...but not a good movie.
This isn't the sort of picture I'd usually pay to see. But I was in Ashland, Oregon, my wife was working at a concert that night, and I had nothing else to do, so I trotted down to the local theater, paid my seven bucks (cheaper than a matinee in Los Angeles), and watched this inoffensive junk.
The plot: an arrogant financial trader (Russell Crowe) learns that his beloved uncle died and left him a gorgeous winery in the south of France. He decides to sell it so he can make millions, but when he goes down there to clean the place out... well, a six-year-old could guess where this story is going. But in case you need help in predicting whether Max will find his soul again, a beautiful local woman (Marion Cotillard) is thrown into the mix.
Who's to blame for this unwitty, uncharming film that tries so desperately to be witty and charming? I'll point the finger at Ridley Scott, who also produced. As the scoop goes, he actually came up with the story for this film, then hired author Peter Mayle to turn it into a novel, from which the film was then adapted. (Sounds backwards? Kevin Costner pulled a similar trick with Michael Blake and Dances With Wolves.) The result is glib male fantasy that could only be cooked up by an old, obscenely wealthy European. Who else would expect audiences to sympathize with an ultra-rich boor who inherits an enormous and absolutely beautiful French chateau? Gee, poor fellow, I really hope things work out for him.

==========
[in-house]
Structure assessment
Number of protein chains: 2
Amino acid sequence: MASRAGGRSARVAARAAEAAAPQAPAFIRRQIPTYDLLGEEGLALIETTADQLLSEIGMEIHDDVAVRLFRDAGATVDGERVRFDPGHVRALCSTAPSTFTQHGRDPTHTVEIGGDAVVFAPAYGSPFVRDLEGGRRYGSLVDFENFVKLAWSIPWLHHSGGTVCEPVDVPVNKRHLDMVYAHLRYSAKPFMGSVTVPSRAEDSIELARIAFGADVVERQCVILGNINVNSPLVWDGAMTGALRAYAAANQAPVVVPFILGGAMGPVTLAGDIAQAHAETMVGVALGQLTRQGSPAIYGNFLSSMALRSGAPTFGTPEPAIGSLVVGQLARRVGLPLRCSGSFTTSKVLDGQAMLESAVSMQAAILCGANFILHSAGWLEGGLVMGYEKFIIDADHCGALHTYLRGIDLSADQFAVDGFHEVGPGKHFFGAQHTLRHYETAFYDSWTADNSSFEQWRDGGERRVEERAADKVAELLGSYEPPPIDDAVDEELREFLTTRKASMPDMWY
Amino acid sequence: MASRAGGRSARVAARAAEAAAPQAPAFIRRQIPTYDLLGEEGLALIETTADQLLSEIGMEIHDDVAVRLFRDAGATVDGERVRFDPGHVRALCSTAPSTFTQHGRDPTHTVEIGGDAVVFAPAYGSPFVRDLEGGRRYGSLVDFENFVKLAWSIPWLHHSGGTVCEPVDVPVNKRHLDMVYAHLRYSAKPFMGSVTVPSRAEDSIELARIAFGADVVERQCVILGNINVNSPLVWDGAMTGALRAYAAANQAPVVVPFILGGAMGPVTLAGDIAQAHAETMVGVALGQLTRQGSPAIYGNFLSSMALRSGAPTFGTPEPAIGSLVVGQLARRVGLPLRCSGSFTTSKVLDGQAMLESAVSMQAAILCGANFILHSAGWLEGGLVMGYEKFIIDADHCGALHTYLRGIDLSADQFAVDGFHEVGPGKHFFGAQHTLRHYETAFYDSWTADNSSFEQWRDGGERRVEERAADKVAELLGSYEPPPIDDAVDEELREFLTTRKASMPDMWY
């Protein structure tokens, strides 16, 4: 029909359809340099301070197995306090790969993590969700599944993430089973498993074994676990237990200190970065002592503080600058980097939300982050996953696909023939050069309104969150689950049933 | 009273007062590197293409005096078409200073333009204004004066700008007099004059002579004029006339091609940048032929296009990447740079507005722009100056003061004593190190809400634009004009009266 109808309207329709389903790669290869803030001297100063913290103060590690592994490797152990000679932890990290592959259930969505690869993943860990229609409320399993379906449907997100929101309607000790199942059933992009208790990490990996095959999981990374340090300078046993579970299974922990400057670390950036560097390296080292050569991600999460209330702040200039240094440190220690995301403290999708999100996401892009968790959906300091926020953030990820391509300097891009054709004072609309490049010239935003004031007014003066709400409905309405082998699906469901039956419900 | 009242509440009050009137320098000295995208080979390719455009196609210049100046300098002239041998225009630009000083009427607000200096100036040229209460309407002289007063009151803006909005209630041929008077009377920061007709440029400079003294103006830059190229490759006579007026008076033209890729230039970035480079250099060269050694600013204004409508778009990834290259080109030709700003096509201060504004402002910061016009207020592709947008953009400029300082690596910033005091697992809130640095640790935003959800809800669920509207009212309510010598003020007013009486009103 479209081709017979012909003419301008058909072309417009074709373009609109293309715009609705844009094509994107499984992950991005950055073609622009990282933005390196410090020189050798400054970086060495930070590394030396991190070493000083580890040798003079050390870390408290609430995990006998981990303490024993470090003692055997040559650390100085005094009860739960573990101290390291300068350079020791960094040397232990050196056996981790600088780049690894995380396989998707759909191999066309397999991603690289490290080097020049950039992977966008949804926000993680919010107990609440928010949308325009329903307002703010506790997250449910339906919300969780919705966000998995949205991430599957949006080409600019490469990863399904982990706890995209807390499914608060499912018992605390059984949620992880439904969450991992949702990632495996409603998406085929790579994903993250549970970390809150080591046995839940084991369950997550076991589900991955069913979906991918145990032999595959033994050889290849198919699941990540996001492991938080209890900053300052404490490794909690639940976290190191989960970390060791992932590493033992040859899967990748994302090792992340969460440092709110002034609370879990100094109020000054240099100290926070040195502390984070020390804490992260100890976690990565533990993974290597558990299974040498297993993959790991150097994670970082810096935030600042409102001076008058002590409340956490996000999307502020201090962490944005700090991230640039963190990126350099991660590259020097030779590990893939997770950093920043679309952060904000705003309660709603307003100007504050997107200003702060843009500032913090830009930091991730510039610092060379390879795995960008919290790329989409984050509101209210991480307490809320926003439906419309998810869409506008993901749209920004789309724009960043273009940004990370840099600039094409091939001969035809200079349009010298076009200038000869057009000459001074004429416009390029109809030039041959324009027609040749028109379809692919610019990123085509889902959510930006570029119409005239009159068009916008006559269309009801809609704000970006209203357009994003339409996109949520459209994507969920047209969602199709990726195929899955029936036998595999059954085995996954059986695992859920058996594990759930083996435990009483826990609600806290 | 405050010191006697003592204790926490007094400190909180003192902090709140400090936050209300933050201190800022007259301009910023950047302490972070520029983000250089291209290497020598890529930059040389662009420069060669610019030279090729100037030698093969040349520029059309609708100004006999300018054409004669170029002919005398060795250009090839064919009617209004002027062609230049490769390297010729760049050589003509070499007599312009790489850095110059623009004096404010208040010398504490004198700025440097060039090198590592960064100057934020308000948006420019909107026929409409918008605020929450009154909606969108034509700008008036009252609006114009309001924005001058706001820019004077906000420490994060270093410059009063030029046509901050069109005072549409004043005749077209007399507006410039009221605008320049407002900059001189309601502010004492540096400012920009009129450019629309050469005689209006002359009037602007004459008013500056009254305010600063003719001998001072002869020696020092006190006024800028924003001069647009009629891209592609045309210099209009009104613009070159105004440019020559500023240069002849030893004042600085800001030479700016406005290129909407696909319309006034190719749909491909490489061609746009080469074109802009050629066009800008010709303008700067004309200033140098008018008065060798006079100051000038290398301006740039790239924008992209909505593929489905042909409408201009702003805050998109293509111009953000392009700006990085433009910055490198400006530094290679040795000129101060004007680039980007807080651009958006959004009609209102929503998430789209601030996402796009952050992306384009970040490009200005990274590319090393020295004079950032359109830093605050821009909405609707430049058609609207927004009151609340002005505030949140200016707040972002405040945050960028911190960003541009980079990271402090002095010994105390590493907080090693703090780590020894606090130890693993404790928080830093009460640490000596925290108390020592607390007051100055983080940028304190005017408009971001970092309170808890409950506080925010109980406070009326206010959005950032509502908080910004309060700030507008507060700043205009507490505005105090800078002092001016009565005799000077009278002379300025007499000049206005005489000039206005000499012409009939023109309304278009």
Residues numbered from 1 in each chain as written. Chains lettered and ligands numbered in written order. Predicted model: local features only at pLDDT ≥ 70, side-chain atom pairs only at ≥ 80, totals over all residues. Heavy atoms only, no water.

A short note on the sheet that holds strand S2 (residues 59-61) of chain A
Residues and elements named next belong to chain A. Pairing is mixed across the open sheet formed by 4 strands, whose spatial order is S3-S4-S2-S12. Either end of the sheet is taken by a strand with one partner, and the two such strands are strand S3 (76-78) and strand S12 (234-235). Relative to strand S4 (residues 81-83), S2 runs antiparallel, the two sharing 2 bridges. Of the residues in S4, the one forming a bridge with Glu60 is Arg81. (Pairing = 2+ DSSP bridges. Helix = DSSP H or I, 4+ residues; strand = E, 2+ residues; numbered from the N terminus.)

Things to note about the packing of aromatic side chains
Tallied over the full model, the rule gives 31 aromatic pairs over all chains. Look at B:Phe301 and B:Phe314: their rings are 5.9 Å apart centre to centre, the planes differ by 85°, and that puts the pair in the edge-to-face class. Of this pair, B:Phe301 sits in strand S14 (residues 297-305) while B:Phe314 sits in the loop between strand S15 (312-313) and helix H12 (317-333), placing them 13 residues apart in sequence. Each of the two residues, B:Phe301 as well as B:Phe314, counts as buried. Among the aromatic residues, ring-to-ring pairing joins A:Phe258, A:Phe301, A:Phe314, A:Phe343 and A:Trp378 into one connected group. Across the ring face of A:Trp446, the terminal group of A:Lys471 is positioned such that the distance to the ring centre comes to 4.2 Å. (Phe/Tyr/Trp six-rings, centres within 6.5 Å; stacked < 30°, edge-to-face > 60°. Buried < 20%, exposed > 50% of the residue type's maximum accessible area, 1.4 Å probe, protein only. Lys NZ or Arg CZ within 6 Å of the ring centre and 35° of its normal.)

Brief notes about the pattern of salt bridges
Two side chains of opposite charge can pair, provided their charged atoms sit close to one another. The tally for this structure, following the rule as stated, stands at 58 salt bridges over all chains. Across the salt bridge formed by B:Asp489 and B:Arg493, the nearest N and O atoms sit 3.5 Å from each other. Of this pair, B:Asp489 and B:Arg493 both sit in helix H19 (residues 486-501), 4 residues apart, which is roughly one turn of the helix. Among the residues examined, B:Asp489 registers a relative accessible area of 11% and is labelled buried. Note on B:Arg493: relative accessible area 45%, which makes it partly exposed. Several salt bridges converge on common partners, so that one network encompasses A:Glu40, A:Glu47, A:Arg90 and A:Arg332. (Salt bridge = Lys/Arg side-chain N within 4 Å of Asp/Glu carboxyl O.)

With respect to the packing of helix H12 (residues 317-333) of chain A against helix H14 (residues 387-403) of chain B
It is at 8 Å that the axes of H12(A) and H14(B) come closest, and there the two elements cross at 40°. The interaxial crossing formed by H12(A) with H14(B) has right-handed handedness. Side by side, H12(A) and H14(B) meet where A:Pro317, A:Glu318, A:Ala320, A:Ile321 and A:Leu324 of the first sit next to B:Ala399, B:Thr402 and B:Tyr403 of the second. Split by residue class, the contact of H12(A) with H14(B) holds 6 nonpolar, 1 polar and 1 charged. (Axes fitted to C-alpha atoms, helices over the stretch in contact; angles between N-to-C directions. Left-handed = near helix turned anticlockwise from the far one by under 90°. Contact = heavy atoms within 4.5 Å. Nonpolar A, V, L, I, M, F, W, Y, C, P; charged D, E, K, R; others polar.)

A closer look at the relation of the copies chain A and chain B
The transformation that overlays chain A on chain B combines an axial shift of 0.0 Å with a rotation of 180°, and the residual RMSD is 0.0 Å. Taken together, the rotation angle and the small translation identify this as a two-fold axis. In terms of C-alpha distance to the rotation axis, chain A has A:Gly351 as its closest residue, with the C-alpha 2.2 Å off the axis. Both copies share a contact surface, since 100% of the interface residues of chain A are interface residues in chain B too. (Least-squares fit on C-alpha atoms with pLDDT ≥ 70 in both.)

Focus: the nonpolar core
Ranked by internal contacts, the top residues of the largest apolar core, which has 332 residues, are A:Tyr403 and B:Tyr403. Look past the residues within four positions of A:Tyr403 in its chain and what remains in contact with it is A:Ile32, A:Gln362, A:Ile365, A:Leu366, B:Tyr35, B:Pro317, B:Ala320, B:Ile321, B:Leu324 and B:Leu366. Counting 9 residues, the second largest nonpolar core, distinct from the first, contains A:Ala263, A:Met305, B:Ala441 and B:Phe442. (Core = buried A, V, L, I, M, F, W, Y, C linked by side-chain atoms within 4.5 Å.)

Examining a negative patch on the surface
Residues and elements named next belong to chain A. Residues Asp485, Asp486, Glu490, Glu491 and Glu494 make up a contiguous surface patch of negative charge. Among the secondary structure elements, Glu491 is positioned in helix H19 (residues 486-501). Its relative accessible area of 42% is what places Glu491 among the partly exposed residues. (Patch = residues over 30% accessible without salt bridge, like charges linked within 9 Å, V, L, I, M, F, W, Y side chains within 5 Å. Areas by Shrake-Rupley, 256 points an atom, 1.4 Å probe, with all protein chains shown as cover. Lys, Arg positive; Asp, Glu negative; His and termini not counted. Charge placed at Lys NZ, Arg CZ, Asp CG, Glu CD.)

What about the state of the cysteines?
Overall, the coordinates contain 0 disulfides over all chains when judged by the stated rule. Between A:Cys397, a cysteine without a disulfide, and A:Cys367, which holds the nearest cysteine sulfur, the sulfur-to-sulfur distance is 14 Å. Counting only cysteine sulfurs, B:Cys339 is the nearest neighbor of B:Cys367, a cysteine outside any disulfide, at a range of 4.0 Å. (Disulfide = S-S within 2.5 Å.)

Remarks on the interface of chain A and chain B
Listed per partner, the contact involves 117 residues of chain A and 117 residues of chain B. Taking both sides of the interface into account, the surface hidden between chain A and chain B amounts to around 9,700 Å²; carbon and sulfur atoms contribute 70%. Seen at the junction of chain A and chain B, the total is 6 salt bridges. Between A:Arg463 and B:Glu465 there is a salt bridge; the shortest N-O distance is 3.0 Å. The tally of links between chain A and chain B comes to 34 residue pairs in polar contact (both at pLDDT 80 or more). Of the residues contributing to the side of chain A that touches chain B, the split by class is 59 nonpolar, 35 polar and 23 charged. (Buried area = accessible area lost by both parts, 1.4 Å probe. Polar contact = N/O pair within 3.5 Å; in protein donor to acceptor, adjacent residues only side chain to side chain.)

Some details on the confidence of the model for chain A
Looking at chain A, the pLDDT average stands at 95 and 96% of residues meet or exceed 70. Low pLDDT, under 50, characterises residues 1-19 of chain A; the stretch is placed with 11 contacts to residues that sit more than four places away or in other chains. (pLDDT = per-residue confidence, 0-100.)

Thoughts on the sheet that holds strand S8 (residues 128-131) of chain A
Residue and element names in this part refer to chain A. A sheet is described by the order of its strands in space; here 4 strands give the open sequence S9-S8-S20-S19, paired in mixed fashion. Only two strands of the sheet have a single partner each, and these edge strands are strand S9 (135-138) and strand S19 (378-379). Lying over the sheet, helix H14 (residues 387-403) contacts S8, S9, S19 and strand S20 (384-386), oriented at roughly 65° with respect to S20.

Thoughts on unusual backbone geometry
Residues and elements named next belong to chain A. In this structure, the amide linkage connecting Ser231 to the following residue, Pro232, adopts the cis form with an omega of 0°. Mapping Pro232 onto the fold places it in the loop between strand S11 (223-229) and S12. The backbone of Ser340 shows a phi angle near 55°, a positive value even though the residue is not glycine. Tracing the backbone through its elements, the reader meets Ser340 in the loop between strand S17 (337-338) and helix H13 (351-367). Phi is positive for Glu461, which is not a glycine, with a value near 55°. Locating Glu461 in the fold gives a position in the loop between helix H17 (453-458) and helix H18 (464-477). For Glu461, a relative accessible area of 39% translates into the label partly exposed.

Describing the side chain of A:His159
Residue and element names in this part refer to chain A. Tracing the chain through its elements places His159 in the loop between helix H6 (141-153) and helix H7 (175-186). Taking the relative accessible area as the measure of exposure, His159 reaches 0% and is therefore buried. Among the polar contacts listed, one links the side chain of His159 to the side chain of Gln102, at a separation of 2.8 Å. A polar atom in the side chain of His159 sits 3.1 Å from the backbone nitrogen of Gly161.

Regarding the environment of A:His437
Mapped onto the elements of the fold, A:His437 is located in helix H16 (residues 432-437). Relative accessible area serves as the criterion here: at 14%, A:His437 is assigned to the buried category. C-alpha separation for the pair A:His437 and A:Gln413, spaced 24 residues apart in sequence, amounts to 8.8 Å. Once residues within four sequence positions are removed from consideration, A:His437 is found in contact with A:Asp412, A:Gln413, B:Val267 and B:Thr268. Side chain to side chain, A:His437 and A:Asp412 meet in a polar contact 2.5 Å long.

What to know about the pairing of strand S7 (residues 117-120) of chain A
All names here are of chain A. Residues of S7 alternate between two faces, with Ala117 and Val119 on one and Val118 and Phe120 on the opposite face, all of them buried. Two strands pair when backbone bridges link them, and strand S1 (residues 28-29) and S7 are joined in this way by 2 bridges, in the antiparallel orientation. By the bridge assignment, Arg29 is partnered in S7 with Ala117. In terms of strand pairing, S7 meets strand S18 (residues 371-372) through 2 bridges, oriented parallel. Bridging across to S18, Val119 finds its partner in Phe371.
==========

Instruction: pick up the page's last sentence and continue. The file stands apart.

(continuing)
Aside from its elitist tone, the film suffers from a lack of humor. This is the first time Scott has tried his hand at romantic comedy. Surprise: he shows no flair for either romance or comedy. I'm all for directors trying something different, but it's back to Alien and Gladiator territory for you, Mr. Scott.
Crowe has shown that he can handle lighter material, and it's nice to see him being non-bombastic for a change, but his character is insufferable and he does little to humanize him.
I will say that the cinematography is pretty – how can it not be, filmed during a summer in Provence? The pop soundtrack, in contrast, is wretchedly chosen.
In short, this movie's lame. Harmless, but lame.